These companies are taking the risk that hackers will have easy access to users' password data if they ever experience a database breach. Like motorists who drive without seatbelts because they're "good" drivers, these companies are putting themselves and others at risk in the event of an accident.
Accidents do happen; just look at how Target (NYSE:TGT) was breached by hackers using stolen credentials from one of the company's refrigeration contractors. The immediate cost of the breach was $61 million dollars -- fairly small for a company of Target's size. But the loss of consumer confidence was immediate: The number of transactions dropped 5.5% in the fourth quarter compared to the year before. The company summarized the situation it is facing in its most recent annual report:
Until the fourth quarter of 2013, all incidents we experienced were insignificant. The Data Breach we experienced was significant and went undetected for several weeks. We experienced weaker than expected U.S. Segment sales immediately following the announcement of the Data Breach, and we are currently facing more than 80 civil lawsuits filed on behalf of guests, payment card issuing banks and shareholders. In addition, state and federal agencies, including State Attorneys General, the Federal Trade Commission and the SEC, are investigating events related to the Data Breach, including how it occurred, its consequences and our responses. Those claims and investigations may have an adverse effect on how we operate our business and our results of operations.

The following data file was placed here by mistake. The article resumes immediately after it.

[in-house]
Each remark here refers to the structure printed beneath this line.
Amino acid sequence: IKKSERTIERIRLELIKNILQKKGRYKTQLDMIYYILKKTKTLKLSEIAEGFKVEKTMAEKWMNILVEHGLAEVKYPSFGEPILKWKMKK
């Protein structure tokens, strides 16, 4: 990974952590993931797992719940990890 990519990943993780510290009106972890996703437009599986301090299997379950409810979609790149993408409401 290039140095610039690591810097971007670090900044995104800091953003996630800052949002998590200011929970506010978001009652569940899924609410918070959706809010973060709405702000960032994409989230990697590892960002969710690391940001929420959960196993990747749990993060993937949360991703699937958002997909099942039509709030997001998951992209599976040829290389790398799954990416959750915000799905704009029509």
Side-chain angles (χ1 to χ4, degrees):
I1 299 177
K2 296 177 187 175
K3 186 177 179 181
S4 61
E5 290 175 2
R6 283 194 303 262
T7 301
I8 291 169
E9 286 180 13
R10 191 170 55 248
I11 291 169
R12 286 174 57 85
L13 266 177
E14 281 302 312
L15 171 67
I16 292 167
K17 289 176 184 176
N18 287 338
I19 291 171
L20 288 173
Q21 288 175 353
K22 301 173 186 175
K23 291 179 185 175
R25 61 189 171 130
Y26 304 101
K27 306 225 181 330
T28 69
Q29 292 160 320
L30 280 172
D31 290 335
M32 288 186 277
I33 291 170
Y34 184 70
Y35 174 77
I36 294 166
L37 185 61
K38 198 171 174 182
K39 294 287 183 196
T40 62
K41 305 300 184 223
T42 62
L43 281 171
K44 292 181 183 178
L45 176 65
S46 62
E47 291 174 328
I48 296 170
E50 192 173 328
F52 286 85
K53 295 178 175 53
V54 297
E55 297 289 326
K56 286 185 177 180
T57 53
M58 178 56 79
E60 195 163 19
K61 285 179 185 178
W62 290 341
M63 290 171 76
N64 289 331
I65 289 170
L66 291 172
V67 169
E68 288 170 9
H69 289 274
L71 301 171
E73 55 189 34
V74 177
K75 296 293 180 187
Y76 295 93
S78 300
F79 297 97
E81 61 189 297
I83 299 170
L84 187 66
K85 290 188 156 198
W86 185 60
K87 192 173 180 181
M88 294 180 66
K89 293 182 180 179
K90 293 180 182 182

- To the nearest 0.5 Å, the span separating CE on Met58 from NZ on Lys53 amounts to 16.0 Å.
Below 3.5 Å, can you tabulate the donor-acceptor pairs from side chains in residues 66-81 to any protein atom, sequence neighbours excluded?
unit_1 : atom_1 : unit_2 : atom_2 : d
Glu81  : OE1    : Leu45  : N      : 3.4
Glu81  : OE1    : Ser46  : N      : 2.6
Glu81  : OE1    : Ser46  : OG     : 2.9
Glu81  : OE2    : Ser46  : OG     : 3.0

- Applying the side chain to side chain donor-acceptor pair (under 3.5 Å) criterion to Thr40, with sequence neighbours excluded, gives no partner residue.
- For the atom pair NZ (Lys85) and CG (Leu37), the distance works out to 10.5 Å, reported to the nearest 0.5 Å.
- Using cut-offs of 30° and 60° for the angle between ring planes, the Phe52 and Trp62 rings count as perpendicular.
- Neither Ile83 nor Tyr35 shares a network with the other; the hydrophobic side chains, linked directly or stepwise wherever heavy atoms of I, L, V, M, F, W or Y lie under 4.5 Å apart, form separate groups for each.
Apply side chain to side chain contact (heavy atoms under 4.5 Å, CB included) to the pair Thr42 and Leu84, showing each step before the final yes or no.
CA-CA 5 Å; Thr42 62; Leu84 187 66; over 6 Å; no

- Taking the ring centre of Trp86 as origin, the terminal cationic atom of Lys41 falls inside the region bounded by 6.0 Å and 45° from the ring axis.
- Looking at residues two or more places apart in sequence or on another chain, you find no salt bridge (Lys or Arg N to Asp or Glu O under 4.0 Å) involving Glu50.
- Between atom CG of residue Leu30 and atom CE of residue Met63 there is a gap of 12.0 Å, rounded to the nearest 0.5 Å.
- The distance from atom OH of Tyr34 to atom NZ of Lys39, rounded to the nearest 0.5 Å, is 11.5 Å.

It will be years before the full cost of the breach to Target will be known -- if it ever is. While you can't always ensure that companies will do their part to protect your data, there are some simple ways to boost your Internet security.
Nine simple tips to boost your data security
- Use long passwords. There are simple ways to create and remember longer passwords.
- Don't reuse the same password across multiple websites.
- Use two-step authentication wherever possible.
- Choose obscure answers to your password retrieval questions.
- Use antivirus software and set it to update automatically.
- Set all software you use to update automatically.
- Use BillGuard to monitor your credit card. BillGuard is a free monitor for your credit and debit cards. It uses crowdsourced data to create the most advanced fraud-monitoring system, which it sells to credit card companies.
- If you receive a suspicious email, do not open it, particularly if it has attachments.
- If you receive a suspicious email from someone you know, especially if it has attachments or links that seem suspicious, call (do not email) the person to confirm he or she sent it.
The companies noted in this article are taking risks with users' data due to their weak protection of passwords. Don't reuse passwords across sites, especially the ones above.
Dan Dzombak can be found on Twitter @DanDzombak or on his Facebook page, DanDzombak. He has no position in any stocks mentioned. The Motley Fool has no position in any of the stocks mentioned. Try any of our Foolish newsletter services free for 30 days. We Fools may not all hold the same opinions, but we all believe that considering a diverse range of insights makes us better investors. The Motley Fool has a disclosure policy.